Eubacteria and archaebacteria have a wide variety of shapes. However, these cell types have no membrane-bound organelles, they do not organize their DNA into a nucleus, and they are contained by cell membranes protected by cell walls. Both are relatively simple in structure, so most of their differences are chemical, not structural. In general, archaebacteria have commonalities with eukaryotes that eubacteria lack, but they also have some truly unique features.
Compared to archaebacteria, eubacteria are extremely diverse and widespread, but they have only three major cell shapes. They are either spherical, shaped like short rods, or long and twisting. This basic shape is a large part of how eubacteria are classified. Archaebacteria, on the other hand, are not classified by shape, but by the type of extremophile they are. Archaebacteria live in hostile environments that neither eubacteria nor eukaryotes can survive. They are classified as either methane producers, extreme heat specialists, or extreme salinity specialists.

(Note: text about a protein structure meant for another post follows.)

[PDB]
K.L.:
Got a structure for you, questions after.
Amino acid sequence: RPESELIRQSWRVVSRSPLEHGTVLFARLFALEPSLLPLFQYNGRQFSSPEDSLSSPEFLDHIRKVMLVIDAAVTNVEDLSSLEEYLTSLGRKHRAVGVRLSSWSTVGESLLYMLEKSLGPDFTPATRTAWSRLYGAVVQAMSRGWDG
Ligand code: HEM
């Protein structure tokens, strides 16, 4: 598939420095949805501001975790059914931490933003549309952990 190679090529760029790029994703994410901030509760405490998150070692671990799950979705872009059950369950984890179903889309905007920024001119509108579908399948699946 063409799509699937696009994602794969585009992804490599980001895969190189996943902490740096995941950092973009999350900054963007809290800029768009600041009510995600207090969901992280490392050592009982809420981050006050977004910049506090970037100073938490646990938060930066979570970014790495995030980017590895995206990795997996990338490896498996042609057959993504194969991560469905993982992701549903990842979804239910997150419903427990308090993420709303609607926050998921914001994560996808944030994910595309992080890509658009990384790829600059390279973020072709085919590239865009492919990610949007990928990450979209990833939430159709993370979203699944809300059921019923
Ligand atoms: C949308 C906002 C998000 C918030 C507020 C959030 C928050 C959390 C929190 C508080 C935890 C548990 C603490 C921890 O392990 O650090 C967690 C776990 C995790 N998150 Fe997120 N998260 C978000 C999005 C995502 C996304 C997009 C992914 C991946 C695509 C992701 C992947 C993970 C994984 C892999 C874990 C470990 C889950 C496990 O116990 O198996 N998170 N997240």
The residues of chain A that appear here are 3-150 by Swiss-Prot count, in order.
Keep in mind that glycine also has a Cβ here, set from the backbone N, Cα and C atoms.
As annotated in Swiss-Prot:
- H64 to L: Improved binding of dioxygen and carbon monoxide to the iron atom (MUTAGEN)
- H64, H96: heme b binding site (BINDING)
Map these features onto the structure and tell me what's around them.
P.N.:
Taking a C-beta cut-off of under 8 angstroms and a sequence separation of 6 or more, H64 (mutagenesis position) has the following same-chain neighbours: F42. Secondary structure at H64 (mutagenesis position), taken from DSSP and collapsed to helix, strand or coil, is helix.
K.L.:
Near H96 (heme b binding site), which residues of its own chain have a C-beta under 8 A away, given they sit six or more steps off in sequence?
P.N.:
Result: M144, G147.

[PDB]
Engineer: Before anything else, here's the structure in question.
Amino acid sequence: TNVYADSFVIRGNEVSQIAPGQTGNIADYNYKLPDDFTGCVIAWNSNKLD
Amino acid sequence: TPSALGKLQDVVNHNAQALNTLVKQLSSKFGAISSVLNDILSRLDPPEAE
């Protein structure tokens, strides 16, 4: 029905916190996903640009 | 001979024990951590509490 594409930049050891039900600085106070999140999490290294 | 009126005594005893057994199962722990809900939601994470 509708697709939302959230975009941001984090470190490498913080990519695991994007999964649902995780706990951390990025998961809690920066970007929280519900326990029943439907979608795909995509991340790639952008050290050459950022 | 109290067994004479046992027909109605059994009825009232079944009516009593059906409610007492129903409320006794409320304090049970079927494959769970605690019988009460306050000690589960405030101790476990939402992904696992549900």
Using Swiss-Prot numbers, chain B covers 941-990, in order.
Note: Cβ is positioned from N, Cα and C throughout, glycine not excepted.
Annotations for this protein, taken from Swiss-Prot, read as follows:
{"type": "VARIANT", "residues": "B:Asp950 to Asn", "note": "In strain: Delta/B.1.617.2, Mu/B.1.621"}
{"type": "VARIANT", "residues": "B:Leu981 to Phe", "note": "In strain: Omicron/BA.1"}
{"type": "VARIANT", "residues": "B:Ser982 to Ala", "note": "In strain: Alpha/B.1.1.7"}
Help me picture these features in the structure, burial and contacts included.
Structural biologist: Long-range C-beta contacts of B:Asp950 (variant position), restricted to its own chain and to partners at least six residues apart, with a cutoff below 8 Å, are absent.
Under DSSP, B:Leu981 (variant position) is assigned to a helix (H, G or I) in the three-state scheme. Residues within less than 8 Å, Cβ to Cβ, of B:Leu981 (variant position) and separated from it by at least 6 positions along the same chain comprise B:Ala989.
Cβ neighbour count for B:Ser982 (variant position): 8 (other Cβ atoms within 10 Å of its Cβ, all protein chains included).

Part of what makes archaebacterial survive in such extreme environments is their unique cell membranes. While all eubacteria and eukaryotes have phospholipid bilayers as their cell membranes, archaebacteria have branched hydrocarbon chains with ether links to glycerol for their membranes. This unique membrane type is more stable than those in other forms of life, and allows them to withstand extreme conditions.